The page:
Aged care giant Anglicare Sydney has misled a government inquiry by claiming to be in serious financial difficulty – when it’s actually awash with cash, notching up record revenues, and is one of the nation’s richest organisations holding well over $2 billion in assets.
The revelations come as Anglicare Sydney has lodged new information with the NSW parliamentary inquiry into aged care that reveals its “unavoidable” restructuring will see at least 125 jobs slashed from its 23 aged care homes.
Among those already retrenched are at least two nurses – and an unknown number of other “care workers” – from Anglicare’s infamous Newmarch House, where 19 residents died after a major Covid-19 outbreak last year.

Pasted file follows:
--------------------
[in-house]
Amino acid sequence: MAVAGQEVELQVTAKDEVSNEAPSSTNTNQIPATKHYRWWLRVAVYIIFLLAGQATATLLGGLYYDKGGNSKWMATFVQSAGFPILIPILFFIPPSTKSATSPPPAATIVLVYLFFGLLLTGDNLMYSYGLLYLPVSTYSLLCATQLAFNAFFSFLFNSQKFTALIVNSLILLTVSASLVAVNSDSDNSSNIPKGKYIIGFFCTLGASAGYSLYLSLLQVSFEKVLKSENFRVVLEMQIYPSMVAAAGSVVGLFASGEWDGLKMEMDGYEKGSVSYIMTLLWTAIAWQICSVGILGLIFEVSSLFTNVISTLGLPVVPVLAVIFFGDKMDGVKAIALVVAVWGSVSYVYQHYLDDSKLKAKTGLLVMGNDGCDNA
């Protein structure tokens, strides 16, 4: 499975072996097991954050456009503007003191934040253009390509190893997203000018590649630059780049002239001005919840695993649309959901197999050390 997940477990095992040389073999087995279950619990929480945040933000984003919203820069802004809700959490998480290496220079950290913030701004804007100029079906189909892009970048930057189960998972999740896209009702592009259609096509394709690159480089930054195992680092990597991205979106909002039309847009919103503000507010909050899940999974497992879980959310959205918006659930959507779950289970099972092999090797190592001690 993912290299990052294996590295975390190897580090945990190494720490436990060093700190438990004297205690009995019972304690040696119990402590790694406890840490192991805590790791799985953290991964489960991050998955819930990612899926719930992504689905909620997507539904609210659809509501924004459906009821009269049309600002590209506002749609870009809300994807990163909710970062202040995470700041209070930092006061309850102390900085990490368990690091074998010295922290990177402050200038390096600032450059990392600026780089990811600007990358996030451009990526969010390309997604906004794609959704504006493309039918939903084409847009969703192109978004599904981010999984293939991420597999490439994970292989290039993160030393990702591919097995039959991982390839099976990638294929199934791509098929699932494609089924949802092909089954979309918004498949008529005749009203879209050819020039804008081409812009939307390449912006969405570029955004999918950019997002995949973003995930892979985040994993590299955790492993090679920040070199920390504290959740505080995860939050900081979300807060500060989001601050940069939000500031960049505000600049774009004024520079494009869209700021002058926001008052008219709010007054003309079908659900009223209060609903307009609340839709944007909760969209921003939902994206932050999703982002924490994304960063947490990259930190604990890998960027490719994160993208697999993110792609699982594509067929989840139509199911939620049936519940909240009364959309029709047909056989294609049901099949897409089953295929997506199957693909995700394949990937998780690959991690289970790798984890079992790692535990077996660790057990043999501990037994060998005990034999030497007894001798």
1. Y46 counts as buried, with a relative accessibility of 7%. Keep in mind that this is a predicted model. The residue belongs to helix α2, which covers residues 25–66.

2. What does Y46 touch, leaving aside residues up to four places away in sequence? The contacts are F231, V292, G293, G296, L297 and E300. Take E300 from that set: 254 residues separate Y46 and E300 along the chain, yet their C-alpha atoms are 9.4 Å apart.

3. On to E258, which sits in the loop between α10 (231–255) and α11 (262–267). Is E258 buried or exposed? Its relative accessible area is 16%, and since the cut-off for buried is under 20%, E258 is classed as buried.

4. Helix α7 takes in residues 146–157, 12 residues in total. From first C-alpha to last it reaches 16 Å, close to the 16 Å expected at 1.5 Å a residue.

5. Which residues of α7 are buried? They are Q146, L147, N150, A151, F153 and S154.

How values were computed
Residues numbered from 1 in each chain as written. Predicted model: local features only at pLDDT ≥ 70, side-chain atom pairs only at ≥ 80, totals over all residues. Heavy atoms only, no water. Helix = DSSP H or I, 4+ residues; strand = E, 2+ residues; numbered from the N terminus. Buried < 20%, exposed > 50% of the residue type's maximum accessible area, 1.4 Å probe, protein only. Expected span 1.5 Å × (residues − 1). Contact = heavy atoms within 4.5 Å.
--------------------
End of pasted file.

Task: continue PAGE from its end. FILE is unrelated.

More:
In the document, which has not been previously reported, Anglicare Sydney CEO Grant Millard says the Anglican Church-owned group is seeking to cut “between $7 million and $7.5m annually” from staffing in a “targeted savings” plan.
That’s despite Anglicare Sydney receiving an all-time record $241.3m from taxpayers last financial year – up from $233.6m the year before – while at same time seeing a fall in resident numbers “across the portfolio”.
The heavily embattled Millard – who last week announced he would “retire” – has provided the information in response to questions he took “on notice” at parliamentary hearings in March.
The NSW parliamentary inquiry is examining the adequacy of nurse staffing levels at aged care facilities, and associated aspects the Newmarch House tragedy, which as Anglicare CEO Millard was responsible for.
After initially “declining” to attend, Millard made headlines when he appeared on March 29 and under questioning confirmed that Anglicare was in the process of cutting jobs.